Gov’t yet to pay Matiba Ksh.945M: Kihoro
- Nine months after a court order that veteran politician Kenneth Matiba be paid Ksh.945 million for unlawful detention and torture, the Government is yet to do so.
- The late Matiba had initially been awarded Ksh.504million, however, the compensation was increased after his lawyer cited several reasons.
- They include a collapsed business empire, increased lawyer rates, time spent in court and huge medical bills incurred after a stroke while in detention in 1990.
Nine months after a court order that veteran politician Kenneth Matiba be paid Ksh.945 million for unlawful detention and torture, the Government is yet to do so.
The late Matiba had initially been awarded Ksh.504million, however, the compensation was increased after his lawyer cited a collapsed business empire, increased lawyer rates, time spent in court and huge medical bills incurred after a stroke while in detention in 1990.
“The court decided the matter nine months ago but he (Matiba) was not paid. I waited for my compensation from the Government for 24 years. It was only paid when I issued notice of going to the Supreme Court,” Wanyiri Kihoro, former MP, told Citizen TV on Monday.
The ex-Nyeri Town MP had been pursuing a case worth Ksh.400,000 for being unlawfully detained for 74 days, according to kenyalaw.org.
“The State did not comply with the order for payment of those damages immediately and the applicant was forced to return to the High Court (Misc. Appl. No. 52 of 2009) for enforcement procedures which lasted another 18 years until payment was made on 25th November, 2011,” the civil application reads in part.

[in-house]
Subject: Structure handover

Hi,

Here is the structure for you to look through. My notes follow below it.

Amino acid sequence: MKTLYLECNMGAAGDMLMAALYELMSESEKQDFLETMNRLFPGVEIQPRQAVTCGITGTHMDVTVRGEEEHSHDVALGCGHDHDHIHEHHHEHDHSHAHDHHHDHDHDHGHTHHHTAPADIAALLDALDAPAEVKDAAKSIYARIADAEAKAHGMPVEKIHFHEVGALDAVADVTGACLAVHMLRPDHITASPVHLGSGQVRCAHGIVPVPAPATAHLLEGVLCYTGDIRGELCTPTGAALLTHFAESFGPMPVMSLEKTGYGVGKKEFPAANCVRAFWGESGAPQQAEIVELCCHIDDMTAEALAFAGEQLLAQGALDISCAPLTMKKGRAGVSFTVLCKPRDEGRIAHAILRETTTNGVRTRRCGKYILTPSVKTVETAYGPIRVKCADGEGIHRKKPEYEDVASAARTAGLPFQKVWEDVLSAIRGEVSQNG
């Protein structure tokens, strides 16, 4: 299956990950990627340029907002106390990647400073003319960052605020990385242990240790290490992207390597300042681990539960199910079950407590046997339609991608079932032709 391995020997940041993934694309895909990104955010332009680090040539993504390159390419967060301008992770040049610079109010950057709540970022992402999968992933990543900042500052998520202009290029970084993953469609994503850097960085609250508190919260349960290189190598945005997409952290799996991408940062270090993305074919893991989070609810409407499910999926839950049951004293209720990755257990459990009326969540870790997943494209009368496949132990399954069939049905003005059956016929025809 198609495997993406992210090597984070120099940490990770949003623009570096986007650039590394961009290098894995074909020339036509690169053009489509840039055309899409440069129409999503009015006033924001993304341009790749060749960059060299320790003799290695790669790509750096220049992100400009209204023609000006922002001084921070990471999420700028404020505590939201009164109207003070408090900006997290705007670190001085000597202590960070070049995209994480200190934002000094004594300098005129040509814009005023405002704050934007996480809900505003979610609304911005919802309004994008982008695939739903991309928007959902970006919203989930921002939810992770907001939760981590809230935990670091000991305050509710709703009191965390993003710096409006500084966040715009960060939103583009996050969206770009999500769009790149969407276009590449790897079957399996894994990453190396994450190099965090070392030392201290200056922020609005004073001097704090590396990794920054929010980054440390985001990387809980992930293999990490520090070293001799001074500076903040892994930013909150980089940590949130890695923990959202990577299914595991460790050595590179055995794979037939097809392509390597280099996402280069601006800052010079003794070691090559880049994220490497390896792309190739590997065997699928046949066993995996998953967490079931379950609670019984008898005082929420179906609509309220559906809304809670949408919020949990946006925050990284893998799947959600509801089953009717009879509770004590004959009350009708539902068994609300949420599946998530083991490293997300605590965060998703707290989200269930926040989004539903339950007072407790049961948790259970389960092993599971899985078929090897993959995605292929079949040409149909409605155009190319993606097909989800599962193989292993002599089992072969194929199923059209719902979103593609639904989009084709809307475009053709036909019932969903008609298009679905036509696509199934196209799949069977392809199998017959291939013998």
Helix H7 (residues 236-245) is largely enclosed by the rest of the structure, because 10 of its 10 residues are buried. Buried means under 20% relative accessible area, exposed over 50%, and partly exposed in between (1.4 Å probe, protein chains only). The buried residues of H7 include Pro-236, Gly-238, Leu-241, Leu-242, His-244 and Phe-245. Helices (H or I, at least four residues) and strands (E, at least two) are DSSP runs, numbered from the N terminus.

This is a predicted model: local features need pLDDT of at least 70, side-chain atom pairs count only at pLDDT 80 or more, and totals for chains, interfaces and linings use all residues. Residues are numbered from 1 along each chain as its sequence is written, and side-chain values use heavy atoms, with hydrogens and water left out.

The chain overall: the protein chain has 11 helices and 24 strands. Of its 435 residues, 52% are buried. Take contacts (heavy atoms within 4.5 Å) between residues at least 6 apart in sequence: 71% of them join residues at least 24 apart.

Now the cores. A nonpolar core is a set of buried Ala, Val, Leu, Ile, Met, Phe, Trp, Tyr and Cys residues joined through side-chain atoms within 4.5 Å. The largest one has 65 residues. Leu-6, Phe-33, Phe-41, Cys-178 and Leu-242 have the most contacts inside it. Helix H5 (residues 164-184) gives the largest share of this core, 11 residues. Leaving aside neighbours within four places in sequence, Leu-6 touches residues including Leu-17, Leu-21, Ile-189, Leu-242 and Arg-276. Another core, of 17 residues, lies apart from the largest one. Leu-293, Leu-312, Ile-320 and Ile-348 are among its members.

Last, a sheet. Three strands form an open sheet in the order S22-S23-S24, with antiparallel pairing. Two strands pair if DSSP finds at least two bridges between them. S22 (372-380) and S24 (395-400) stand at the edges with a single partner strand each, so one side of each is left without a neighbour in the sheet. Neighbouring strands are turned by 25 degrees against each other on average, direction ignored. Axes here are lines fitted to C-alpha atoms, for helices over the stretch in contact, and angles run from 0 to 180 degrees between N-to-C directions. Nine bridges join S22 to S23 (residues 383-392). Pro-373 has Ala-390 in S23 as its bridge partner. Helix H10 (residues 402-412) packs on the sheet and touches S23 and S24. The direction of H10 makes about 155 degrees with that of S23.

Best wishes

On Monday, Mr. Kihoro also won another Ksh.4.5 million, in a case against the Presbyterian Church of East Africa (PCEA) for illegally occupying his land in Uthiru for over 30 years.
He described Kenneth Matiba as a fighter who “never saw public service as a cash cow”. His character put him at odds with the KANU regime when he stood up against the then President Daniel arap Moi to lead the clammer for multi-party democracy.
“You would have to admit that this was a person with special strength,” Koigi wa Wamwere, a former MP told Citizen TV.
“Matiba deserved the highest recognition, the highest honor in our country; but that is not what the leadership of this country gave him. Sometimes the very first people who will send out condolences are the same people who have been at the heart of accelerating the process of death of this particular person,” Kihoro said.
Matiba’s closest allies believe that his death was precipitated by his detention in 1990.
“The day he was arrested I was with him, Charles Rubia and he was trying to have a meeting at Electricity House with his lawyer Paul Muite. John Khaminwa was there too. That day he was taken because the idea was to prevent a meeting that had been called the first Saba Saba Day on the 7th of July, 1990,” Kihoro added.
On his part, wa Wamwere narrated how they were locked up for days on end with little access to the outside world.
“We were not only isolated from the other prisoners but also kept indoors for 23 and a half hours every single day. We were only allowed 15minutes in the morning and 15 minutes in the afternoon,” he said.
The human rights activists adds that the Government at that time ensured that while in detention, you would be ruined economically.
Matiba’s hotel-chain—the Alliance Group of Hotels– that would have been his safety net after his detention, was briefly taken into administration and his Hillcrest School sold by administrators.
He however later managed to regain control of his businesses and sold some, spending most of his last years on his book Aiming High: The Story of My Life.
Additional reporting by Rachel Ombaka
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